Twin cities too congested for outsiders

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Female students and working women living on their own are facing serious residential problems because of acute shortage of accommodation facilities in the twin cities of Islamabad and Rawalpindi. A single working woman or a female student, who is forced to live far from her hometown for study or job, face innumerable problems like finding a reasonable accommodation in city like Islamabad where available residential options are limited.
There are very limited options for single women as staying with relatives is not a very practical option because most of the relatives simply refuse to take the responsibility for a long period. People do not rent-out their flat or a portion of house to the young single girls or working women while the rent is also unaffordable.
In this scenario, majority of outsiders, that is working women and students, have no option but to live in a hostel and, unfortunately, there are only three working women hostels opened by the government in Islamabad, with two of these are reserved for the government employees. The third one, Nusrat Hostel, is open to the women working in private sector but it is difficult task to get a room there.
The private and un-registered private hostels, which are opened up in every nook and corner of the capital without any sort of check by the government, are the only hope for these women. The rent of these private hostels ranges from 6000 to 10,000 rupees on sharing basis. And in many cases, three to four women share one small room. If one wants to get a single accommodation, the charges could range from Rs 16,000 to Rs 32,000.
Anila Bibi, living in a single room in Sector G-7/2, said the main cause of the accommodation was the shortage of government-run hostels and proper affordable housing schemes in the twin cities. She said she had been facing the residential problem since she landed in the capital in 2008 after completing her studies.
“In the past three years, I have changed my residence many times due to the ill attitude of the landlords or lack of basic facilities,” she added.
She said whenever any guest from her hometown visited her rented room the landlord aunty started inquiring her about the guest.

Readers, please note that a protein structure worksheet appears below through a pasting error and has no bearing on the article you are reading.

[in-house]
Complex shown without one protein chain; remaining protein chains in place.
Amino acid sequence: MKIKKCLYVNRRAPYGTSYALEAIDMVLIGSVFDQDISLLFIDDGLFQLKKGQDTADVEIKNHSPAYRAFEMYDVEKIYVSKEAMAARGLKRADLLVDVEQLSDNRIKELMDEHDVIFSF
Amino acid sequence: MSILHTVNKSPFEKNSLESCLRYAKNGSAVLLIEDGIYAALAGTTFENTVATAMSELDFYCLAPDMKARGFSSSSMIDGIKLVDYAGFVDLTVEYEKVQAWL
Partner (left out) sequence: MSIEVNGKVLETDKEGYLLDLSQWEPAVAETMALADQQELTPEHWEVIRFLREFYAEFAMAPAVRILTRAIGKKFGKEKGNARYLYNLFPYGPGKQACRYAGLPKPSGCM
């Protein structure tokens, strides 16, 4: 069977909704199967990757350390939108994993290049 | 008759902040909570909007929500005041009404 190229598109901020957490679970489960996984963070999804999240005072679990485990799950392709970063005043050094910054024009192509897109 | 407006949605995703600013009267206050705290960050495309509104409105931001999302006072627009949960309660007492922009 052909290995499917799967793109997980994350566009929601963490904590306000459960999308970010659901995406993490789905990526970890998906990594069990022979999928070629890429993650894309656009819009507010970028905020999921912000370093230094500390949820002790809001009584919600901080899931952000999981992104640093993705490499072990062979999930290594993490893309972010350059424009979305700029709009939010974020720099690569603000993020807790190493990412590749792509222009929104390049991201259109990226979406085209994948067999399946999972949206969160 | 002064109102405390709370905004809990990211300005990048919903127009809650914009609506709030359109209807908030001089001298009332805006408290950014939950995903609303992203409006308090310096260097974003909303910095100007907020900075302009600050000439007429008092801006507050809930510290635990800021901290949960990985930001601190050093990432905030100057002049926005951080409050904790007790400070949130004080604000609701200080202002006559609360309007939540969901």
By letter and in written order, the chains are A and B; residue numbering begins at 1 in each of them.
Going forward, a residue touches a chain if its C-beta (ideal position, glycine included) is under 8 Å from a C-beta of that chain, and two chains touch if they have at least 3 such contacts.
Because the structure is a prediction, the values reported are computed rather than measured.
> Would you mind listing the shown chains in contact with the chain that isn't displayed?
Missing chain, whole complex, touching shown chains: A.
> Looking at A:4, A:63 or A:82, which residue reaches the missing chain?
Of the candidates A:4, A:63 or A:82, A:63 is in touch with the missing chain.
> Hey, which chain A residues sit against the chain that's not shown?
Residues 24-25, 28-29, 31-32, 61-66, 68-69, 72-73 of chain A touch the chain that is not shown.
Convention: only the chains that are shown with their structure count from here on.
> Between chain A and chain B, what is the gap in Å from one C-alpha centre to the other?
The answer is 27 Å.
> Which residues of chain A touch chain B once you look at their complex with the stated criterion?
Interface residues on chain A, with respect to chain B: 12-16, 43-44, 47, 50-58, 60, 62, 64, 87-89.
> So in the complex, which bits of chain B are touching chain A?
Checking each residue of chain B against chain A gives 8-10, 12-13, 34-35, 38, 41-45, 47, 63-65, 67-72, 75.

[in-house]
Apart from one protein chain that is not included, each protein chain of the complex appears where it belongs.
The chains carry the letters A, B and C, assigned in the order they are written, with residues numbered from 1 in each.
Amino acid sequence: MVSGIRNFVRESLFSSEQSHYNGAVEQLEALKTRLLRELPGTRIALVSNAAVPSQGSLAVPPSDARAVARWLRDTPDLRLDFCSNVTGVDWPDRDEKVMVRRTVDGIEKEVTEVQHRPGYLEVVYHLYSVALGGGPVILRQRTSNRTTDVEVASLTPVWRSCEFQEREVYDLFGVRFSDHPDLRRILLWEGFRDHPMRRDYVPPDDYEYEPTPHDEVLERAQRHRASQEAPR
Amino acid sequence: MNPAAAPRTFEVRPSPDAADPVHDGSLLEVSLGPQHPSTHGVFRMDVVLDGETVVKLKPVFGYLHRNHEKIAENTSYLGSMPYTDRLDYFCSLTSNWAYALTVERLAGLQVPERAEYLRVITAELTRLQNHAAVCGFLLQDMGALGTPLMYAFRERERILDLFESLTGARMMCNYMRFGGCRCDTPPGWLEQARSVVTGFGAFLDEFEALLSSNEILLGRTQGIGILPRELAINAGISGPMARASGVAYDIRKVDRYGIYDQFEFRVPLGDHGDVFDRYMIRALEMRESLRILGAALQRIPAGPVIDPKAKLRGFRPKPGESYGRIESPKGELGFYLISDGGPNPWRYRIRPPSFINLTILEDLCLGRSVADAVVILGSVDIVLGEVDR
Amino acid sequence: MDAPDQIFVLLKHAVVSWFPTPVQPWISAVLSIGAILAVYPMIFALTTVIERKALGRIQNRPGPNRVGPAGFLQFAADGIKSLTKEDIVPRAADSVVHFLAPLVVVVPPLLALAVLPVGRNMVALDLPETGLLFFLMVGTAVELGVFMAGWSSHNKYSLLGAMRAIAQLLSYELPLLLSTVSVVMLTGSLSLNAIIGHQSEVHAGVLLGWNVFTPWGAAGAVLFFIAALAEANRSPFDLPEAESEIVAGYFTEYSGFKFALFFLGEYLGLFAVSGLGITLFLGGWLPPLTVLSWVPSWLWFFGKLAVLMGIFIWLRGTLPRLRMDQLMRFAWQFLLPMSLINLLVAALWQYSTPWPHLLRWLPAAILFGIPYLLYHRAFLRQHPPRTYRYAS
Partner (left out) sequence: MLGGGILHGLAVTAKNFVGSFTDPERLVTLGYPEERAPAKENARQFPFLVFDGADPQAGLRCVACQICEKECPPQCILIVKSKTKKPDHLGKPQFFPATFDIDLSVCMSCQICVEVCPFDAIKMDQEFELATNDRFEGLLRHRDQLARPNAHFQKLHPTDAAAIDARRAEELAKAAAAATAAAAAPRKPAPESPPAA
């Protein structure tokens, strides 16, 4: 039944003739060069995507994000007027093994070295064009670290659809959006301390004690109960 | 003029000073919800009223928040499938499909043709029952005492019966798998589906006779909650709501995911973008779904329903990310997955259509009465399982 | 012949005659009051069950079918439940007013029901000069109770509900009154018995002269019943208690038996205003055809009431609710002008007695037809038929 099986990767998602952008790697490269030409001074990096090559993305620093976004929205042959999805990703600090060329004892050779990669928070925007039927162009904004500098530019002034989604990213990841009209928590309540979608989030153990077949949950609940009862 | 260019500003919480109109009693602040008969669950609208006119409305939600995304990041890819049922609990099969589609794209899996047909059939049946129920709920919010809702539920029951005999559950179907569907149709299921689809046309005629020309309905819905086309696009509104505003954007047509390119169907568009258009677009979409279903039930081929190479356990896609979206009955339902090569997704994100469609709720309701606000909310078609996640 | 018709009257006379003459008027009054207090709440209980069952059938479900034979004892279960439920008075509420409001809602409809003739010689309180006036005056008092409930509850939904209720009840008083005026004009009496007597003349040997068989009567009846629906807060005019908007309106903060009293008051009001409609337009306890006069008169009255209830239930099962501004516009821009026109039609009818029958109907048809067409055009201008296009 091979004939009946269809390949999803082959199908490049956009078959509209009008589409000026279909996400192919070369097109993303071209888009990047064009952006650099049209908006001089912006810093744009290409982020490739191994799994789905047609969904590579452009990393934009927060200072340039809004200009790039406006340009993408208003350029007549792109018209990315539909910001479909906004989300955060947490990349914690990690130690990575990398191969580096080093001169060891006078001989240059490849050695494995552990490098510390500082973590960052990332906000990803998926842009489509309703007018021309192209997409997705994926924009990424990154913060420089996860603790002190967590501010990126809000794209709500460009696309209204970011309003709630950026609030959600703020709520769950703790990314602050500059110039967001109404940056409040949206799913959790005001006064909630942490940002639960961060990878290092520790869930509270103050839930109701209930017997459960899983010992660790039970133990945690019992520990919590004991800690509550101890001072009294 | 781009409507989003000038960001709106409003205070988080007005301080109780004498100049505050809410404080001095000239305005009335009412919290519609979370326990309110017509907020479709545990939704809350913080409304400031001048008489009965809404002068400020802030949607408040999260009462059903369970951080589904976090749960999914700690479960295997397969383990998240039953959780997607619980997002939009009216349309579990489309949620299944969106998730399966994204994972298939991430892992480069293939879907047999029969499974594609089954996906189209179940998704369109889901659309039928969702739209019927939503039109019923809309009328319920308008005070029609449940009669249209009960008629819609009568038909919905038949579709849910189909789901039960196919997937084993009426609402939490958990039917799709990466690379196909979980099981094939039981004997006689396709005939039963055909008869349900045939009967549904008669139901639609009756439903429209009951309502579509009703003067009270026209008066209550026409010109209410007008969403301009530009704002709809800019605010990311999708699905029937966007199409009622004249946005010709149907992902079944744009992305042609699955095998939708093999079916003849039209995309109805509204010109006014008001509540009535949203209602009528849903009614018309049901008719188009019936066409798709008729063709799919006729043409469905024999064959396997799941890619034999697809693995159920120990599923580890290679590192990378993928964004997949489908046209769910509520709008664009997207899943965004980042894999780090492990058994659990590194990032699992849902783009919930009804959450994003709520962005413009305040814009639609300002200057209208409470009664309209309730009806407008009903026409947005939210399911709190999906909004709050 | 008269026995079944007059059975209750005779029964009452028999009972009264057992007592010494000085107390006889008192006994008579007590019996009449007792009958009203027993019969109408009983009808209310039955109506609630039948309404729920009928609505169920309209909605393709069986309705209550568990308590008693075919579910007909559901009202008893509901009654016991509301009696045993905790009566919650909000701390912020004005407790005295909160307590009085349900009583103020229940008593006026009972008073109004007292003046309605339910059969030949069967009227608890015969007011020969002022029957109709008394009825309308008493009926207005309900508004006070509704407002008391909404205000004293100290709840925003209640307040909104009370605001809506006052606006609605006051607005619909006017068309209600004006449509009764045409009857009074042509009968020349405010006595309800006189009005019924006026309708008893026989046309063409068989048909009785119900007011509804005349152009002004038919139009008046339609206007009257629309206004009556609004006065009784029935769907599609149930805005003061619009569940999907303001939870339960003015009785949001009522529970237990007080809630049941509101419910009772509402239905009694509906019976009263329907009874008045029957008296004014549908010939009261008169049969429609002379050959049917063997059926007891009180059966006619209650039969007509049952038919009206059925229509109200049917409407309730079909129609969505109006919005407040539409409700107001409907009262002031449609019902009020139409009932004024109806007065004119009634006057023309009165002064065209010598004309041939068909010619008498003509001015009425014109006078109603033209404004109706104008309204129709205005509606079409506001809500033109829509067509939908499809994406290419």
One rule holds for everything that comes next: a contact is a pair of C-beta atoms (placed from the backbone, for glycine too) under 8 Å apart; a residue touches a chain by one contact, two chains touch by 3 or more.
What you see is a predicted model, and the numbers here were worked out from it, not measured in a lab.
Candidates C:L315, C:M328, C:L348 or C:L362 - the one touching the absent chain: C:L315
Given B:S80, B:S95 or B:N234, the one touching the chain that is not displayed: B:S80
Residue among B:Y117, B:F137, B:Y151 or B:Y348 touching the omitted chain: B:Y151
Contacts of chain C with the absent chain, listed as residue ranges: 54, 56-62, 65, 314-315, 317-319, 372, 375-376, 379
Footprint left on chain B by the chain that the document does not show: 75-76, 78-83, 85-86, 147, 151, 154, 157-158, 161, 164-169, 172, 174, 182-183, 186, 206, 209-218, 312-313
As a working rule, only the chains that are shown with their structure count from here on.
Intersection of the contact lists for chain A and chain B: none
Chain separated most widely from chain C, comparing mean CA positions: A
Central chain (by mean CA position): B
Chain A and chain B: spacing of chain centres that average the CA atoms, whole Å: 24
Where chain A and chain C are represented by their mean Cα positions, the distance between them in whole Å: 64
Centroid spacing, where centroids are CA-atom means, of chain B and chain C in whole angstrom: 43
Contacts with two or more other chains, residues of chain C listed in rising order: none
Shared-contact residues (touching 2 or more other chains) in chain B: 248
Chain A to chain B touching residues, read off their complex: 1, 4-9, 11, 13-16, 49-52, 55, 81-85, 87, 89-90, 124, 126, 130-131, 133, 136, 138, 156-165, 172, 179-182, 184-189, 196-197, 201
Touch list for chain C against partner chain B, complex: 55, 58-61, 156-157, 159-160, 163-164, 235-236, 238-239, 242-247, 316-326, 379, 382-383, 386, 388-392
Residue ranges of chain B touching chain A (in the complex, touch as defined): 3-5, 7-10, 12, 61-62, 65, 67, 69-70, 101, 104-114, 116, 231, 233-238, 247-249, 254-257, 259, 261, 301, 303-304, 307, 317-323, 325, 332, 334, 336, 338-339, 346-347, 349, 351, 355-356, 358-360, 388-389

Rehana Shah, working in a NGO, said, “My salary is enough to afford a portion but my whole family is dependent on me; therefore, I want to save as much money as I can to support my kin.”
She said she was now residing in a small room of a private hostel with three other girls and paid Rs 6,000 rupees per head to the hostel management that provided two-time meals and breakfast. “There is no proper arrangement of cleanliness and the food is substandard but we have no other option.” She appealed to the authorities concerned to take steps for setting up new girls hostels in the twin cities, as the existing facilities are not sufficient for the ever-increasing women working class.
Nazia Ikram, student of a college in F-6, told Pakistan Today that she failed to get space in her college hostel. “It is quite difficult for a student to find a reasonable living place at affordable rates as the private hostels have been charging Rs 6,000 to Rs 8,000 for a single bed accommodation,” she added.
A property dealer, Inam Khattak, in G-8/2, said, “It’s true that the single women doing job or studying are facing many problems in finding accommodation, as owners prefer to rent out their houses only to the families.”
He said, “Mostly the girls, who contact us to find a rented house or flat, cannot afford the rent and discard the option after some effort. The house rents are very high in Islamabad and it increase further in winter, as many people from Murree and Kashmir shift to the twin cities due to the snowfall.”